So how are each of these causes addressed? If necessary, a pediatric psychiatrist or family physician may address the biological components of extreme moods and behaviors. An individual therapist can work with the child to increase her personal distress tolerance and coping skills and shift her ways of thinking to be less problematic. And parents can work to address environmental factors. This is why parental consultation and often family therapy is very helpful for the child’s emotional well-being.

Creating a validating environment

But what is the most important thing that a parent can do for a highly emotional child?

The best way for parents to address environmental factors is to create what is called a “validating environment.” This means hearing and honoring the perspective of the child and who the child is even when the perspectives of the child are not pleasant, are hard to hear, or are inconsistent with what the parents want. In other words, letting the child know that her feelings are understandable, and that it’s okay to be yourself.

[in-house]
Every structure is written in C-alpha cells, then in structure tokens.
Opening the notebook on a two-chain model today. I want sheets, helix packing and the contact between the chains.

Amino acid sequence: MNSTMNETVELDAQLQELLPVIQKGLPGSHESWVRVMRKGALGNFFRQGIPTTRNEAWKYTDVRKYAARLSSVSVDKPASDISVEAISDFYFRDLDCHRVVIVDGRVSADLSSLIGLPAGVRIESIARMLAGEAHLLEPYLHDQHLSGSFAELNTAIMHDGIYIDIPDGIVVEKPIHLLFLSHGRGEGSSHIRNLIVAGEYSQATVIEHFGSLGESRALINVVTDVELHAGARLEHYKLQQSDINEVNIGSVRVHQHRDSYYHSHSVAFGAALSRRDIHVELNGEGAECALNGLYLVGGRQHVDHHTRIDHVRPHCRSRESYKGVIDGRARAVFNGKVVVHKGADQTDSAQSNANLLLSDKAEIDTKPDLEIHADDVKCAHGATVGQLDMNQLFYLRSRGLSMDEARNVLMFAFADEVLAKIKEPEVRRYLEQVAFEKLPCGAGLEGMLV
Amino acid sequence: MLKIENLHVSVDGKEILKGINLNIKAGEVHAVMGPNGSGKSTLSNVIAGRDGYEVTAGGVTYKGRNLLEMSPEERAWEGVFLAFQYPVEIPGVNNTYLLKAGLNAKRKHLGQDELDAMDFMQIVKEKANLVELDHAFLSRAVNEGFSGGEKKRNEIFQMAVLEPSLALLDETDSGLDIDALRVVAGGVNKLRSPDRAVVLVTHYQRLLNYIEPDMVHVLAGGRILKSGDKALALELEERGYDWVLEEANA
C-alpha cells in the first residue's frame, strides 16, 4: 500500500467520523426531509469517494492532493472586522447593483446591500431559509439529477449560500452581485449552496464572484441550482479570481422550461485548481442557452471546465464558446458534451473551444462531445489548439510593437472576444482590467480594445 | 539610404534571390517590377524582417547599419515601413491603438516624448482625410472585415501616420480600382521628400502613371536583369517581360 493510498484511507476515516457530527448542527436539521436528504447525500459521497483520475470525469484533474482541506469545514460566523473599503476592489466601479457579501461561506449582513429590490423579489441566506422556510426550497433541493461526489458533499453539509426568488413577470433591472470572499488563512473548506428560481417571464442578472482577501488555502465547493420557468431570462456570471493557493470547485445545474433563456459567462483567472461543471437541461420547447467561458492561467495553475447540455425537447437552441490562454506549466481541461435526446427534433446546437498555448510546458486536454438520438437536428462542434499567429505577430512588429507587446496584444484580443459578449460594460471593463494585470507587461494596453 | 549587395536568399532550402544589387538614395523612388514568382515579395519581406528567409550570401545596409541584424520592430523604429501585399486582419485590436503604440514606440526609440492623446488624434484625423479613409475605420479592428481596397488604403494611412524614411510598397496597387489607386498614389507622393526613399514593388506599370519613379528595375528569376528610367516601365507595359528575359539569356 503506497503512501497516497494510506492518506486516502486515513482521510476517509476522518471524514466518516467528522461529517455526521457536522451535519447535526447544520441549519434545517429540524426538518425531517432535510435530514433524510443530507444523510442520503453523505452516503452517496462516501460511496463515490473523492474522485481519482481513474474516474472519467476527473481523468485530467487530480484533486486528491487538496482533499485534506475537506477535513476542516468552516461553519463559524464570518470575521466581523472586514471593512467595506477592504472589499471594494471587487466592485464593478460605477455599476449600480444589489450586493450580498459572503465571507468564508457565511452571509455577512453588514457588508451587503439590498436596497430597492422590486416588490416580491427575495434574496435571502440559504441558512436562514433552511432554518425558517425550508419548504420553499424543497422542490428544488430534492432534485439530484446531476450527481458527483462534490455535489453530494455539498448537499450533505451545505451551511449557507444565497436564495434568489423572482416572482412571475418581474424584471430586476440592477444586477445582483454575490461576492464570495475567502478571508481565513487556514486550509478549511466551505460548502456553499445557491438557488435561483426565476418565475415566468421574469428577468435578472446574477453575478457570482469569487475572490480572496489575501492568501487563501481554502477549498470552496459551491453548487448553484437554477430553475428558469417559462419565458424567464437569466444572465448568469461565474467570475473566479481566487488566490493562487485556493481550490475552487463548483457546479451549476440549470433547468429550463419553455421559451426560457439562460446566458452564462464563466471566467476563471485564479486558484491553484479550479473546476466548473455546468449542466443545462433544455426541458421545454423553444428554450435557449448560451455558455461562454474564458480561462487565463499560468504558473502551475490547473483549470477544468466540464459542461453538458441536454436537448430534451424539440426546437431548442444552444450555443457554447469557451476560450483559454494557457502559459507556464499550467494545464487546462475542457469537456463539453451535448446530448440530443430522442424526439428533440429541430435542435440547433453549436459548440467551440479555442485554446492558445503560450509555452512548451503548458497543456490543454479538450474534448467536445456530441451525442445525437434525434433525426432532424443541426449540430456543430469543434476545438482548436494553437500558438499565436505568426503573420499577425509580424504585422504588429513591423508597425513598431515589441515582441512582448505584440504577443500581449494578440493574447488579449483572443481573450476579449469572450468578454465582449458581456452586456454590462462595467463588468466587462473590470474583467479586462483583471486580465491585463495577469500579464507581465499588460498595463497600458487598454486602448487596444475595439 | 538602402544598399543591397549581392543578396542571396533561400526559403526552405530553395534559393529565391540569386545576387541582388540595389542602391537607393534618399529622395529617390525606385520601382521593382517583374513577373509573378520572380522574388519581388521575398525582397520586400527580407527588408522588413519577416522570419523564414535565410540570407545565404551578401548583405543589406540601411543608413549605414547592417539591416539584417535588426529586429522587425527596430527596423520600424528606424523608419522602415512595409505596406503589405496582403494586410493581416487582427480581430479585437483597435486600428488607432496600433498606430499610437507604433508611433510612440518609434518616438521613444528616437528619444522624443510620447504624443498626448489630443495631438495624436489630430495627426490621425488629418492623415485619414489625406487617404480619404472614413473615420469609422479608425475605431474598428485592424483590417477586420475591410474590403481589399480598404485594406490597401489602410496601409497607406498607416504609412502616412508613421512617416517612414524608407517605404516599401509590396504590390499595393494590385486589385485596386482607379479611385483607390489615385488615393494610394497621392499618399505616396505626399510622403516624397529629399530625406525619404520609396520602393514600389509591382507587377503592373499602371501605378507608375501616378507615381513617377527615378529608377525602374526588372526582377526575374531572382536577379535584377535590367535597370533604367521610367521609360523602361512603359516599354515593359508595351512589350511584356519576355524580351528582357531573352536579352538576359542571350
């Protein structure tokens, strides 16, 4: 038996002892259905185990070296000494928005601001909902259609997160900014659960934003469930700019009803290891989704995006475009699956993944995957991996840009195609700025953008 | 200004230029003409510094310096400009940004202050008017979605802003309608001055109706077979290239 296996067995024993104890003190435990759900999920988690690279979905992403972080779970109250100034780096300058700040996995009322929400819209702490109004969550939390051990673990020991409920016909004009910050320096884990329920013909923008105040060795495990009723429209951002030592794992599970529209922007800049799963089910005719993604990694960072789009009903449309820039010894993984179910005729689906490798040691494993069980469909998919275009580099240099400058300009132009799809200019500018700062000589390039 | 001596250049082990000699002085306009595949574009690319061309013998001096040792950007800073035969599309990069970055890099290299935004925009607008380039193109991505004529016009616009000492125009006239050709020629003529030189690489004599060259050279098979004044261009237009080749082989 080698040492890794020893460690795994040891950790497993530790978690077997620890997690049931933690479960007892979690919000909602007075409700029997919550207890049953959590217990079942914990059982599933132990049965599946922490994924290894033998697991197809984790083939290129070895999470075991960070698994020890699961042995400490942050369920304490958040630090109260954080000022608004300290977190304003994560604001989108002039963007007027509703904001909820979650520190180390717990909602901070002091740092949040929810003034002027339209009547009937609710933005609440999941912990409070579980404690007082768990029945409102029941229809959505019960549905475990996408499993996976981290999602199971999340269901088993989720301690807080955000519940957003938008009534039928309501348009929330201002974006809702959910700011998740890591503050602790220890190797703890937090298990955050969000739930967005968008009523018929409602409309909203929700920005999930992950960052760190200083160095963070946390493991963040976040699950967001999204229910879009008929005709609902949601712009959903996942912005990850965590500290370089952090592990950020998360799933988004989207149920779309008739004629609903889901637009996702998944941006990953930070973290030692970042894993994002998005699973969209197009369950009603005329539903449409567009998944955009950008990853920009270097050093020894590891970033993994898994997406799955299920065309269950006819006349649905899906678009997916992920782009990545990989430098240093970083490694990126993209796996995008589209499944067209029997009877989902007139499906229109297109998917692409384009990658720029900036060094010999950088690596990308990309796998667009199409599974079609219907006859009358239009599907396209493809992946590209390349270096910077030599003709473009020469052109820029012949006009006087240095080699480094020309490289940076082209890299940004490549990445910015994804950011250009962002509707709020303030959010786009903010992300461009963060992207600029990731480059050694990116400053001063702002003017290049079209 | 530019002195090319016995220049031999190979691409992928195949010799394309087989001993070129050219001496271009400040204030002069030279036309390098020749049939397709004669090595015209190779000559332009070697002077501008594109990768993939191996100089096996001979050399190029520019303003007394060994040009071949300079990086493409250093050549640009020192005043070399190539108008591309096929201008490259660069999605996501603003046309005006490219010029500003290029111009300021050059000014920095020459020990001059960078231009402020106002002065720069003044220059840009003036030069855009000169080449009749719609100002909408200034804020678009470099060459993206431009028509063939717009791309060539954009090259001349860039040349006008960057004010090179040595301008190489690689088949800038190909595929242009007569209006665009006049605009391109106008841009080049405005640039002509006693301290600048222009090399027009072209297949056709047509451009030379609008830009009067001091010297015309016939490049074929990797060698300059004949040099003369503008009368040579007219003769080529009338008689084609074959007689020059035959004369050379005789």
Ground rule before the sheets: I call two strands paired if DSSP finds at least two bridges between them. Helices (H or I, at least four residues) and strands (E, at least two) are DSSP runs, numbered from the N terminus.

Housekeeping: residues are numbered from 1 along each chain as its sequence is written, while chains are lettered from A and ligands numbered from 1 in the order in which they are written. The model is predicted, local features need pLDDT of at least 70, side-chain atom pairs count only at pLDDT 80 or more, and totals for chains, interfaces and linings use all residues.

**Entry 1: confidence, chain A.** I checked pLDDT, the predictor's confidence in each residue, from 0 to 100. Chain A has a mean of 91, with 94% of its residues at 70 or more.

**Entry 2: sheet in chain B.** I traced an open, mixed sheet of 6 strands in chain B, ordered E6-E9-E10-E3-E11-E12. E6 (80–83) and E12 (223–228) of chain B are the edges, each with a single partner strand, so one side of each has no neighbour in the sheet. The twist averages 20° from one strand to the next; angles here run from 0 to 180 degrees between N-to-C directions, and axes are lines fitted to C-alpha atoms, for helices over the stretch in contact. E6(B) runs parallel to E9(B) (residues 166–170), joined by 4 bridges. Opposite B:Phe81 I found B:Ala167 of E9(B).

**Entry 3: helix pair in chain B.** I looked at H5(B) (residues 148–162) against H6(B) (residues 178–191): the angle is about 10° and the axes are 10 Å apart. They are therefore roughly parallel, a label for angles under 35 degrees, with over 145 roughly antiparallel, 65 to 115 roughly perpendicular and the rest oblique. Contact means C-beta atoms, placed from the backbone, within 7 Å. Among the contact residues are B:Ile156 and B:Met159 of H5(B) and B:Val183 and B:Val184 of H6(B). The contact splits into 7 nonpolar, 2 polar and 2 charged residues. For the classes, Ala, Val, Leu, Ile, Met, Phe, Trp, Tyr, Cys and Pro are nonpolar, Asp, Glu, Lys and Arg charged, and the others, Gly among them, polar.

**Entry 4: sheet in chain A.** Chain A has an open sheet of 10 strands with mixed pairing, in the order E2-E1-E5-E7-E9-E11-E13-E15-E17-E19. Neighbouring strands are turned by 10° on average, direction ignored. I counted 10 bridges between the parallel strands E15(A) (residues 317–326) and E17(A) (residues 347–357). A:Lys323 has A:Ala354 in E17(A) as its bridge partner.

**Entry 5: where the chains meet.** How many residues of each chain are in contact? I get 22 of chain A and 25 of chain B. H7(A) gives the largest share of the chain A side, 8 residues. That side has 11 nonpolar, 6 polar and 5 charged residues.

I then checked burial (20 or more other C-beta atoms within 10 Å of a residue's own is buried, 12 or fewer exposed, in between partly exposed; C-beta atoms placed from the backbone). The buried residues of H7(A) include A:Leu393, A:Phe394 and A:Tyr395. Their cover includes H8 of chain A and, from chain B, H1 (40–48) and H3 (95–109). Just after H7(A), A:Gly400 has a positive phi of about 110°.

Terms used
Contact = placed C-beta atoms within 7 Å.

4 Examples of Invalidation vs. Validation

Some examples of validation vs. invalidation are as follows:

1. Invalidation: “Just relax. It’s not that bad.”

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Validation: “I can see how that would be upsetting.”

2. Invalidation: “You didn’t really mean that.”

Validation: “Tell me more about that.”

3. Invalidation: “Stop getting so angry.”

Validation: “It’s okay to feel angry, and I can see why you’d be angry, but it’s not okay to hit the wall.”

4. Invalidation: “How could you be so selfish!?”

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Validation: “I could see how you would be compelled to do that, but we need to talk about a way to make everyone happy, not just you.”

3 Reasons Why Invalidation arises